Chanukah and Miracles
Following their victory, they entered the Temple in Jerusalem and discovered that everything had been destroyed. With only enough oil for one day, they relit the menorah. The second miracle of Chanukah took place when the oil lasted for eight days – enough time for new oil to be made and brought to the Temple.
G-d’s expressions of miracles have changed throughout time. During the days of Abraham, Isaac, and Jacob, G-d sent angels, spoke in dreams, and answered prayers.
G-d tested the Jewish people on their faith and their commitment to the covenant.
In the time of Moses, G-d spoke directly to people. The people were witnesses to G-d’s miracles such as the splitting of the sea, the ten plagues, and the manna falling from the sky.
Today, we don’t necessarily experience the miracle of G-d’s voice. Nor does G-d directly participate in our lives. Well, at least not the way G-d did in the Torah stories. Our experience of G-d and G-d’s miracles comes to us in different forms than it did for Moses, Abraham, Isaac, and Jacob.
When we open up to gratitude and begin to appreciate the workings of the world, we can touch G-d’s miracles. Those miracles include:
The birth of a baby
The colors of a sunset
A breath on a mountaintop
Children who get up and go to school each day despite poverty, hunger, or abuse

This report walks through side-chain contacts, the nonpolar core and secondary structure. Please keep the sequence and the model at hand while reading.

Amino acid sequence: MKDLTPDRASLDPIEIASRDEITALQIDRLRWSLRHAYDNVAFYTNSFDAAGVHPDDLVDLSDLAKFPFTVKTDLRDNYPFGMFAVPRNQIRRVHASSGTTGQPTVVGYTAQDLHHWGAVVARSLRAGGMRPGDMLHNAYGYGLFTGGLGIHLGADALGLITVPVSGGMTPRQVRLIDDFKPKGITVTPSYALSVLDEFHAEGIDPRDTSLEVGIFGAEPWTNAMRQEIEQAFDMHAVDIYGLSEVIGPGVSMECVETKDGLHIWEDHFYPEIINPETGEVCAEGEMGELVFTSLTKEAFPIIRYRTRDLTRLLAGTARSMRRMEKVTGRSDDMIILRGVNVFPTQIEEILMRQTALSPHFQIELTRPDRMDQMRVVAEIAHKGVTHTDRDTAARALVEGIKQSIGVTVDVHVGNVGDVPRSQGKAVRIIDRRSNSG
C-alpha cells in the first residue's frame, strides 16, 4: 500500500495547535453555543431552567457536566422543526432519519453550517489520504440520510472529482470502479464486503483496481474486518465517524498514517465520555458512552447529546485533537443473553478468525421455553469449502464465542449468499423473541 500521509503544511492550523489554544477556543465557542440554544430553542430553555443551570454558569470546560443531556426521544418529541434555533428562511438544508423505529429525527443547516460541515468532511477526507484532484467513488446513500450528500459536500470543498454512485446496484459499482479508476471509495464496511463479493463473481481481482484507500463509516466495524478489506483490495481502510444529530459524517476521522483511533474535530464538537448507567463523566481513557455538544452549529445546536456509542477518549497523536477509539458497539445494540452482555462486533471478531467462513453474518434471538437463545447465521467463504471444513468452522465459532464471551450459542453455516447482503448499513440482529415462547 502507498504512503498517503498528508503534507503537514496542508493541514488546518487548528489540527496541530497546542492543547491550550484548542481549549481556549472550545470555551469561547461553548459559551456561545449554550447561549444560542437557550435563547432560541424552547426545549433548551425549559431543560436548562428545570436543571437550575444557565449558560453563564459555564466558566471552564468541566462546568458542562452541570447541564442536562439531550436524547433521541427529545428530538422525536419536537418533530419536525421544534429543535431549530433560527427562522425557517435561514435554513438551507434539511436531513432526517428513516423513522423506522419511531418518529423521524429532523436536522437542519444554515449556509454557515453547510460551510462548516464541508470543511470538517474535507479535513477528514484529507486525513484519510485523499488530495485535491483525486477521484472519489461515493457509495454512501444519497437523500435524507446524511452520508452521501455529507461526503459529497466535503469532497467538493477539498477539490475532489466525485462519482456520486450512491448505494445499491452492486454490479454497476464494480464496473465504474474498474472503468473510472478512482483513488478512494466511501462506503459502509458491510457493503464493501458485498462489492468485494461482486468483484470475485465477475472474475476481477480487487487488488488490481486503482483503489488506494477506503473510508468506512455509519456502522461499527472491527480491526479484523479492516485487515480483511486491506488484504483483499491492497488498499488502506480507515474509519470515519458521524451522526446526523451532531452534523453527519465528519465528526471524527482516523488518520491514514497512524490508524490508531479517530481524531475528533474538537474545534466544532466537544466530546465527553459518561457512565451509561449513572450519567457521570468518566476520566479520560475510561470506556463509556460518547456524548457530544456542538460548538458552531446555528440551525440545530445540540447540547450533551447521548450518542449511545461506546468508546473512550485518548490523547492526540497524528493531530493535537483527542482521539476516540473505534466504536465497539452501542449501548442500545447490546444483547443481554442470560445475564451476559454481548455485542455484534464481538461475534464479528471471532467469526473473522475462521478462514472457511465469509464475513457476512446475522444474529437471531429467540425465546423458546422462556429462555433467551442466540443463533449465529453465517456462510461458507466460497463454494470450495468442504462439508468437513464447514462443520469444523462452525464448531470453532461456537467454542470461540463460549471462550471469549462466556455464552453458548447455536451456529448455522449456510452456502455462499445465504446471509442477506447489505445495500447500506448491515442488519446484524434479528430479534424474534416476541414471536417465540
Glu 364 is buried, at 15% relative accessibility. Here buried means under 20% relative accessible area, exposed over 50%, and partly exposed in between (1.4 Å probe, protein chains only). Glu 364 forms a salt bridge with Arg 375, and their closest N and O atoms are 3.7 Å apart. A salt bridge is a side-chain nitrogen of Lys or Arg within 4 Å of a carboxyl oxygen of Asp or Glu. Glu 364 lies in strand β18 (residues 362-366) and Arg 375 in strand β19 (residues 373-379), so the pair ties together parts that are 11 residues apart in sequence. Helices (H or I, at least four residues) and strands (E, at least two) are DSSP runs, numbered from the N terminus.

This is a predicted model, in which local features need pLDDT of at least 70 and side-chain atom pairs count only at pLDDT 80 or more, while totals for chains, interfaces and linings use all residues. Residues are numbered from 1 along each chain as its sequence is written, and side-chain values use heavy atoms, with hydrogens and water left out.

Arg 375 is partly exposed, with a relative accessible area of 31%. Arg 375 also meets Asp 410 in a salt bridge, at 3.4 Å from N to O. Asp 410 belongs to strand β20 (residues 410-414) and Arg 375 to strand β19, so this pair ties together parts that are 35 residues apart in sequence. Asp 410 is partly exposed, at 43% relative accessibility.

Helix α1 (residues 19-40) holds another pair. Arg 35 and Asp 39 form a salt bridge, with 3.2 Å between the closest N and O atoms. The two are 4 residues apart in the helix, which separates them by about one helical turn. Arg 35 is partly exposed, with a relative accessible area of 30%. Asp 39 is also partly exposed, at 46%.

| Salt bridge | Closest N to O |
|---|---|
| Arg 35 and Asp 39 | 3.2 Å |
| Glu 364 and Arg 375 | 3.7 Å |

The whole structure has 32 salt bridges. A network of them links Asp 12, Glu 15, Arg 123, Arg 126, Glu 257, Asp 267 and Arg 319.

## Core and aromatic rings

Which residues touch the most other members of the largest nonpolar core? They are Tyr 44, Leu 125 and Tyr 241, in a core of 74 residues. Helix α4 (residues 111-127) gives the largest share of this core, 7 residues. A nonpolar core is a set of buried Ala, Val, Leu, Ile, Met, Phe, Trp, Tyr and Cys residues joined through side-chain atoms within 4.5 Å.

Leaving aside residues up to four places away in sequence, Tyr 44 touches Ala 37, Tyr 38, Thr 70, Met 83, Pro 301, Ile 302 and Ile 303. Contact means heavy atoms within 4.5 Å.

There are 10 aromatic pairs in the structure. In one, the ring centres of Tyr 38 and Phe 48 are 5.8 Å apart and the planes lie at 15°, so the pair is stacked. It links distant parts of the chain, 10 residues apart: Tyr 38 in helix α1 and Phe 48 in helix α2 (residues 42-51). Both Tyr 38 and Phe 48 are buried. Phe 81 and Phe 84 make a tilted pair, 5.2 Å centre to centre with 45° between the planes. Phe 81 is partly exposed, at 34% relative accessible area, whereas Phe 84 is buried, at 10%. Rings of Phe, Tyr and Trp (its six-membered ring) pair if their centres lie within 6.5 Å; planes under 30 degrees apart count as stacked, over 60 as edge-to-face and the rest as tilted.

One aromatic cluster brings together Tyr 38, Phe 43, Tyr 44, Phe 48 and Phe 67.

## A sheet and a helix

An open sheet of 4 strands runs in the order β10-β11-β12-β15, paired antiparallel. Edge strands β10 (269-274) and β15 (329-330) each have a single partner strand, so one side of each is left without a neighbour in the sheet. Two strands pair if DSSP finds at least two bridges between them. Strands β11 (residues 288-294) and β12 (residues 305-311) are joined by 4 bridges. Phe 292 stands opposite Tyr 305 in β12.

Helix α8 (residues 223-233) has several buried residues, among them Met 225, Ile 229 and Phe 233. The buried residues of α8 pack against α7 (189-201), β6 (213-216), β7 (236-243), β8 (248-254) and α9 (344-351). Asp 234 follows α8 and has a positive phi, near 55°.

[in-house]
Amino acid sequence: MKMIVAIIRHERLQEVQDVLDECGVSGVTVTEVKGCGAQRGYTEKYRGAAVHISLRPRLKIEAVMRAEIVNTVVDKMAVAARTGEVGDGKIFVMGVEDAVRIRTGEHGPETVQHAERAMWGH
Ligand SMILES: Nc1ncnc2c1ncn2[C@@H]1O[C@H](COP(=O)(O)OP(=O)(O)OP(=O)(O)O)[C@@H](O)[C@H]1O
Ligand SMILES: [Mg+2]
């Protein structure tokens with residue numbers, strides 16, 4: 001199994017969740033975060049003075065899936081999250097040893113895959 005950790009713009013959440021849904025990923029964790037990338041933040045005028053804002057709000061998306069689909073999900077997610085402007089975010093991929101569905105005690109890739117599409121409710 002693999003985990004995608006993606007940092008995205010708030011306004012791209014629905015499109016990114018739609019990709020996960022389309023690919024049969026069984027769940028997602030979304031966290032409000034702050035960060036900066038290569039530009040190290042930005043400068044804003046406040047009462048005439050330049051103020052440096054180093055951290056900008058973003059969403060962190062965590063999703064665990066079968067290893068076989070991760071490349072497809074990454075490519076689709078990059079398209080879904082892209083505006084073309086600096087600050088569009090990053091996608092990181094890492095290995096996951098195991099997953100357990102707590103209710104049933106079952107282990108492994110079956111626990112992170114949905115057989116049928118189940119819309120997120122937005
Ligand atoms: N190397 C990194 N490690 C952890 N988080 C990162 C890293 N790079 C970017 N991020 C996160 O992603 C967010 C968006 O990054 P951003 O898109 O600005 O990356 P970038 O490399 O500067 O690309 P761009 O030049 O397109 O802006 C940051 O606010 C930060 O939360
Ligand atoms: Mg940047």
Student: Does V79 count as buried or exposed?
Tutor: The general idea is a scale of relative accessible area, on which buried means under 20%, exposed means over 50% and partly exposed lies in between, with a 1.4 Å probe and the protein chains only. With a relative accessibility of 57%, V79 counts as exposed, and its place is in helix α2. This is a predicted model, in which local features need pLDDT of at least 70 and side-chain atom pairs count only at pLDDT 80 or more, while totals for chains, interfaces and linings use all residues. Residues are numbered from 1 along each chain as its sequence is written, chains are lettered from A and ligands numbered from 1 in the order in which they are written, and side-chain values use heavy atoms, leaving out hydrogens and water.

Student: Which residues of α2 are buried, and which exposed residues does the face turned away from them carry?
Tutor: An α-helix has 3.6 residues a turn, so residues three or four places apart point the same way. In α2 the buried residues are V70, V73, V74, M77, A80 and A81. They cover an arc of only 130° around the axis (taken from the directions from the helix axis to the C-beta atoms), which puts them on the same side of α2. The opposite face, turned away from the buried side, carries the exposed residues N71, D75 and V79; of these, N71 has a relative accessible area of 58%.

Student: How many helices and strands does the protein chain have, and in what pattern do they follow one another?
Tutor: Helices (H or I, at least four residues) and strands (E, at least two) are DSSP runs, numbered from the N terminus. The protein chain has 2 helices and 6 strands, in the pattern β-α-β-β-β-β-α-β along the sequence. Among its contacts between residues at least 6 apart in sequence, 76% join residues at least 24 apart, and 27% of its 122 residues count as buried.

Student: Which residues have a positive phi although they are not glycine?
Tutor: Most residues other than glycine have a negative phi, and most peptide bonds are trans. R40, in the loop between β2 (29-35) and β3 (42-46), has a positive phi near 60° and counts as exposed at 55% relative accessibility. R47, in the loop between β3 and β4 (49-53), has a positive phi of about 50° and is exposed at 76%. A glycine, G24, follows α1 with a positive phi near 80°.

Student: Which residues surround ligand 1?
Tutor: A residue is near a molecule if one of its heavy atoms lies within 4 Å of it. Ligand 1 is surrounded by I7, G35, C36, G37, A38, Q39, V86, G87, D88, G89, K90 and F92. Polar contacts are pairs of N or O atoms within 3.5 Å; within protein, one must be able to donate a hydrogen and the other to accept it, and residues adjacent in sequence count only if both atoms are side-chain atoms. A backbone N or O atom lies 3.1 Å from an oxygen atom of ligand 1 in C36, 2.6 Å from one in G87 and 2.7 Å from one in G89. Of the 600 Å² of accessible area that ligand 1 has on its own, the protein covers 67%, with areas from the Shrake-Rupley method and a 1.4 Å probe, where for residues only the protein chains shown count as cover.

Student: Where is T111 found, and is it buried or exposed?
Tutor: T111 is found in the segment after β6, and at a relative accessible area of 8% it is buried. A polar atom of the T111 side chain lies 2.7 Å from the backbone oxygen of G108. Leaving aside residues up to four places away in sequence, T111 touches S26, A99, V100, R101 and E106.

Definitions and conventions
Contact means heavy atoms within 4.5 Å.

The ability of the body to function
Cycles of sun and moon
Earth’s rotation around the sun
A spider rebuilding its torn web
The impact the moon phases has on ocean tides
The word Chanukah means rededication. As the Maccabees rededicated the Temple after their victory over the Greeks, we continually use the commemoration of Chanukah as a time to rededicate ourselves to our Jewish faith.
The existence of the Jewish people is a miracle in and of itself. Our history is fraught with persecution and other peoples trying to wipe out our existence. The Jewish people, however, are still here.
Chanukah is the perfect time to begin to appreciate all of G-d’s gifts and the miracles that continue to exist in the world. When we live our lives with an attitude of gratitude, we open our eyes to modern miracles.
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